Arlen Siu, martyr of the Sandinista revolution. Known as “La Chinita” (The Chinese Girl), she was active in the music group Pancasan and also fought against Somoza’s National Guard in the early years of the war. She died in combat in 1972 at age 20. She also wrote a number of essays on Marxism which I have been thus far unsuccessful in finding online. I may try to contact the FSLN directly to get a hold of them.

Since I didn’t have time to do a Song of the Day, here’s a link to a video of famed Nicaraguan folk singer Carlos Mejia Godoy performing his song "El Zenzontle Pregunta por Arlen" (The Mockingbird is Asking About Arlen), dedicated to her memory.

Powerful women revolutionaries should be promoted widely!!!

A Sandinista guerilla in Jinotega in 1978

The Sandinista National Liberation Front (FSLN) are a democratic-socialist political party in Nicaragua that led their country in a revolution, overthrowing the Somoza Dynasty of dictators and going up against the full force of U.S. imperialism.

Named after Augusto César Sandino, who led a rebellion against American colonization from 1927-33, the FSLN rose in response to the corruption following the 1972 Managua earthquake, with the government embezzling international aid funds and leaving the people in extreme poverty. The FSLN overthrew the dictatorship in 1979, with the help of their United People’s Movement, made up of students and labor groups who held strikes and protests.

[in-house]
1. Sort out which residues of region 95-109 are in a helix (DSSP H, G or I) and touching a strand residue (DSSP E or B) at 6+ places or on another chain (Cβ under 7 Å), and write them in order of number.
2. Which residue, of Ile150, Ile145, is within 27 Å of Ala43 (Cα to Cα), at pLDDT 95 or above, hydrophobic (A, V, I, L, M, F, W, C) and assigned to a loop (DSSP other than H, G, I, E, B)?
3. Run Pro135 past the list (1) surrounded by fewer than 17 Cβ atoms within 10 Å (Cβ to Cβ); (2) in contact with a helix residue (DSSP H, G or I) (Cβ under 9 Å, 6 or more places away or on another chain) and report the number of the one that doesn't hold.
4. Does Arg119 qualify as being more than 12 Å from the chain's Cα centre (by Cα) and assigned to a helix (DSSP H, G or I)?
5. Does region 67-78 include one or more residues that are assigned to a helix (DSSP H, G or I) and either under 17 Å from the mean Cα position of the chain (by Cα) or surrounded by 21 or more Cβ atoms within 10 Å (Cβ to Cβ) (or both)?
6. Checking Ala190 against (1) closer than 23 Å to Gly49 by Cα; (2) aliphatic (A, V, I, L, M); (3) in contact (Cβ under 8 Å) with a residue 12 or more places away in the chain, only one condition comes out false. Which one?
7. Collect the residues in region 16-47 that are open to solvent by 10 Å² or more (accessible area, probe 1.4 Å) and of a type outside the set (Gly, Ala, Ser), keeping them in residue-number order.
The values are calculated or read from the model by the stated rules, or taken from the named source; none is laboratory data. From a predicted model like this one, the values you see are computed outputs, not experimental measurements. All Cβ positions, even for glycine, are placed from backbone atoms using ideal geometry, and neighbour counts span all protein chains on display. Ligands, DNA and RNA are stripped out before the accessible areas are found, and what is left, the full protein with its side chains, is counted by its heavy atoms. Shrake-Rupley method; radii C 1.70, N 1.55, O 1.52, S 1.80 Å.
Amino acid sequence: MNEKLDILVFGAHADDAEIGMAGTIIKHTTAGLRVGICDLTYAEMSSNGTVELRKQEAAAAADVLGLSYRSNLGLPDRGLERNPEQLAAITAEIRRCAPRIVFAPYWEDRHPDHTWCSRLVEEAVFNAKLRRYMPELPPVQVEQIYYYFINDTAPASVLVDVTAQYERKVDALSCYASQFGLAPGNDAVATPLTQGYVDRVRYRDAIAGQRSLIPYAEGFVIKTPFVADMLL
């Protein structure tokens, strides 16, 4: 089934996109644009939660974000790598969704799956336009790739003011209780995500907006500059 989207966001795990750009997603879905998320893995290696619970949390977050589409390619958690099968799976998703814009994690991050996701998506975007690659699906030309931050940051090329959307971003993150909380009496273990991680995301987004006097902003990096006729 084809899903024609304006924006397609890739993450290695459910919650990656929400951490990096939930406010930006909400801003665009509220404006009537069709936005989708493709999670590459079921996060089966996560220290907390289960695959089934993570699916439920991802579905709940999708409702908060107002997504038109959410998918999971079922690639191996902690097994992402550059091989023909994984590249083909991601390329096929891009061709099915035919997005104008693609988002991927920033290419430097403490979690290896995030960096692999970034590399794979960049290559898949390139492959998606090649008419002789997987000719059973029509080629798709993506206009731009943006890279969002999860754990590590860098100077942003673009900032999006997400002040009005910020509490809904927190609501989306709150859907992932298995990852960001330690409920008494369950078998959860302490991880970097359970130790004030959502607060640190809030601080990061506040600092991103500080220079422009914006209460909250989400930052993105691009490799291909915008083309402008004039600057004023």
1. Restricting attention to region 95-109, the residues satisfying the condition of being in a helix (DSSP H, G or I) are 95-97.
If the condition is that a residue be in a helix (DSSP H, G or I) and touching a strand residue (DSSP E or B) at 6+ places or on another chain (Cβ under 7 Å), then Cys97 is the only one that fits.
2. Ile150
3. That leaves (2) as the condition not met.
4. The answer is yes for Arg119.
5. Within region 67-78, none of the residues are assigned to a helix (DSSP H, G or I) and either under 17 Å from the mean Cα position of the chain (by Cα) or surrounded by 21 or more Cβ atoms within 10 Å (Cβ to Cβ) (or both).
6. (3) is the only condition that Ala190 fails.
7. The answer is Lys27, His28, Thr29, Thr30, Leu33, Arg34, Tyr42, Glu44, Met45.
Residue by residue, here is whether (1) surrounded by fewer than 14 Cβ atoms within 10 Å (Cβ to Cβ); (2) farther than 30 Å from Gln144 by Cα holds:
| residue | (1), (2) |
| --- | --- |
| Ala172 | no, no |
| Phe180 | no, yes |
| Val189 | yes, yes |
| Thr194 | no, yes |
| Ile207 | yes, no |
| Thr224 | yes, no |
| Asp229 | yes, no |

After the successful people’s revolution, the United States funded the “Contras”, a counterrevolutionary group made up of Somoza’s National Guard. The American government claimed that the Sandinistas must be stopped in order to stop communism and preserve democracy. In reality, one of the core principles of the FSLN was democracy, and they had no communist affiliations until the U.S. agression, when they were forced to take Soviet aid.

After Congress passed the 1982 Boland Amendment, prohibiting American aid of the Contras, the Reagan Administration continued a covert involvement in Nicaragua. This culminated in the infamous Iran-Contra affair, in which senior officials of the executive branch sold missiles and other military weapons to Iran in exchange for the return of seven American hostages, and used the profits of that sale to illegally continue to fund the Contras. Although President Reagan was an open supporter of the Contras, it is disputed as to whether or not he was involved in the scandal.

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